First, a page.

Nichols College News

Nichols Recognizes 54th Massachusetts Volunteers

What better way for Massachusetts to observe the anniversary of the Civil War than taking a hard look at “Glory,” a film which featured one of the first official black units in the United States — the 54th Massachusetts Volunteer Infantry Regiment, headed by the son of an influential abolitionist, Col. Robert Gould Shaw played by baby-faced Matthew Broderick.

In the film, the unofficial leaders of the black soldiers are no-nonsense gravedigger John Rawlins, played by Morgan Freeman, and Trip, a fugitive slave played by Denzel Washington, who won a Best Supporting Actor Oscar for his portrayal.

The soldiers are given demeaning tasks, but still, when given a choice, none of them quits. The 54th valiantly fights at Fort Wagner, South Carolina, charging a fortification manned by some 1,000 Confederates.

On hand for the Fischer Institute sponsored viewing on September 6th was Dudley resident and Nichols MBA grad, Jim Dunne, a Civil War Reenactor who gave insight into what an honor it was to carry the flag, unarmed, into battle.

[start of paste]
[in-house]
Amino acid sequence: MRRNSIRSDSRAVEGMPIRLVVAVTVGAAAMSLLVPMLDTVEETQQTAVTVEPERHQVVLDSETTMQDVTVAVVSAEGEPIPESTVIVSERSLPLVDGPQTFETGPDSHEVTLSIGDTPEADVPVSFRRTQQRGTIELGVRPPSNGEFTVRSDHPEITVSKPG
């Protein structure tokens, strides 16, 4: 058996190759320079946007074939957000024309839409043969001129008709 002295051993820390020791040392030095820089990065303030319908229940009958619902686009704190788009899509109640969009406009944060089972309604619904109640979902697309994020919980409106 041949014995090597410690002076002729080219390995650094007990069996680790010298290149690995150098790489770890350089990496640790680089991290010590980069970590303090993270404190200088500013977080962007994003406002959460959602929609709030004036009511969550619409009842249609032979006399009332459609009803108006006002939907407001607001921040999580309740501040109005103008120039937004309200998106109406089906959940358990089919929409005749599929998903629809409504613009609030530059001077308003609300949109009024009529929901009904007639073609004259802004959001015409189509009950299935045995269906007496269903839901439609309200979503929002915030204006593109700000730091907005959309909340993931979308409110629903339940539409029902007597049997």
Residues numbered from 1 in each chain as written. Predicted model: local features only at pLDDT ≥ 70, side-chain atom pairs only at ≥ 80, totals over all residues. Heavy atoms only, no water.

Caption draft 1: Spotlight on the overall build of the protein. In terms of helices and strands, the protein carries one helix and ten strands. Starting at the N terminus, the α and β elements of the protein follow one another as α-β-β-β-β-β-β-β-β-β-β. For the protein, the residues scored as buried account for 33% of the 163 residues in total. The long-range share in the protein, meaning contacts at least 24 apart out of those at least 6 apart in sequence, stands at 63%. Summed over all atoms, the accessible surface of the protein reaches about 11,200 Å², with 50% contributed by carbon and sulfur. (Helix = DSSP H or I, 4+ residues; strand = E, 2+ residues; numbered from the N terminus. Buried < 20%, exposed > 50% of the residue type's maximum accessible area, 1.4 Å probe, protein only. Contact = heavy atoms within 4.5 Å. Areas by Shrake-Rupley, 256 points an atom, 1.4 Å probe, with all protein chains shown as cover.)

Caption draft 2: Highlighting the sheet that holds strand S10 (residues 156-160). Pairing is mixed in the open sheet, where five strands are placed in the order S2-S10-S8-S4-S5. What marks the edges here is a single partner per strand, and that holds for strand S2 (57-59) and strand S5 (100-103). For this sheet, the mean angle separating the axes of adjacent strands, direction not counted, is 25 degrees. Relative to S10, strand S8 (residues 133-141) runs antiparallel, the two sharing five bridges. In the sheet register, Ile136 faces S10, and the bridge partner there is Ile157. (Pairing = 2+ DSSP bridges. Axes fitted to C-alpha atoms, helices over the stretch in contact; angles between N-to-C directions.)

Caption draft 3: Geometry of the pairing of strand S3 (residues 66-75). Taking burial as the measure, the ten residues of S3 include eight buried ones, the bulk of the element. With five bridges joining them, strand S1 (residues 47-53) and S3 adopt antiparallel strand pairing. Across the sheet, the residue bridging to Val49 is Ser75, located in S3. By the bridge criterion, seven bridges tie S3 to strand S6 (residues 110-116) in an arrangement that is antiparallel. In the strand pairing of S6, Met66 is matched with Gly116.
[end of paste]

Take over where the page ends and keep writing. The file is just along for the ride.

First-year students had lots to say after the viewing. Skye Oliver said: “Although at first, the 54th wasn’t taken seriously, paid the same wages or given a chance to fight, when they finally got to fight, they were courageous and brave and risked their lives for freedom.” Andrew Haas enjoyed the camaraderie of the soldiers at camp. Jonathan Zabierek thought the discussion was insightful. Kylie-blue Crawford said she “thought it was interesting how the soldiers were initially used for manual labor only.”

The 54th regiment was authorized by John A. Andrew, Governor of Massachusetts, in March 1863 and trained at Camp Meigs in Readville, Mass. By the end of the Civil War, the men of the 175 regiments of the United States Colored Troops constituted approximately one-tenth of the Union Army.

The 54th regiment was disbanded after the Civil War. However, a monument to its men was constructed in 1898 and stands today on the Boston Commons, much to the dismay of Col. Robert Gould Shaw’s father, who wanted no monument except the ditch were his son’s body was thrown in a mass burial with the slain soldiers of the 54th, saying: “We hold that a soldier’s most appropriate burial-place is on the field where he has fallen.”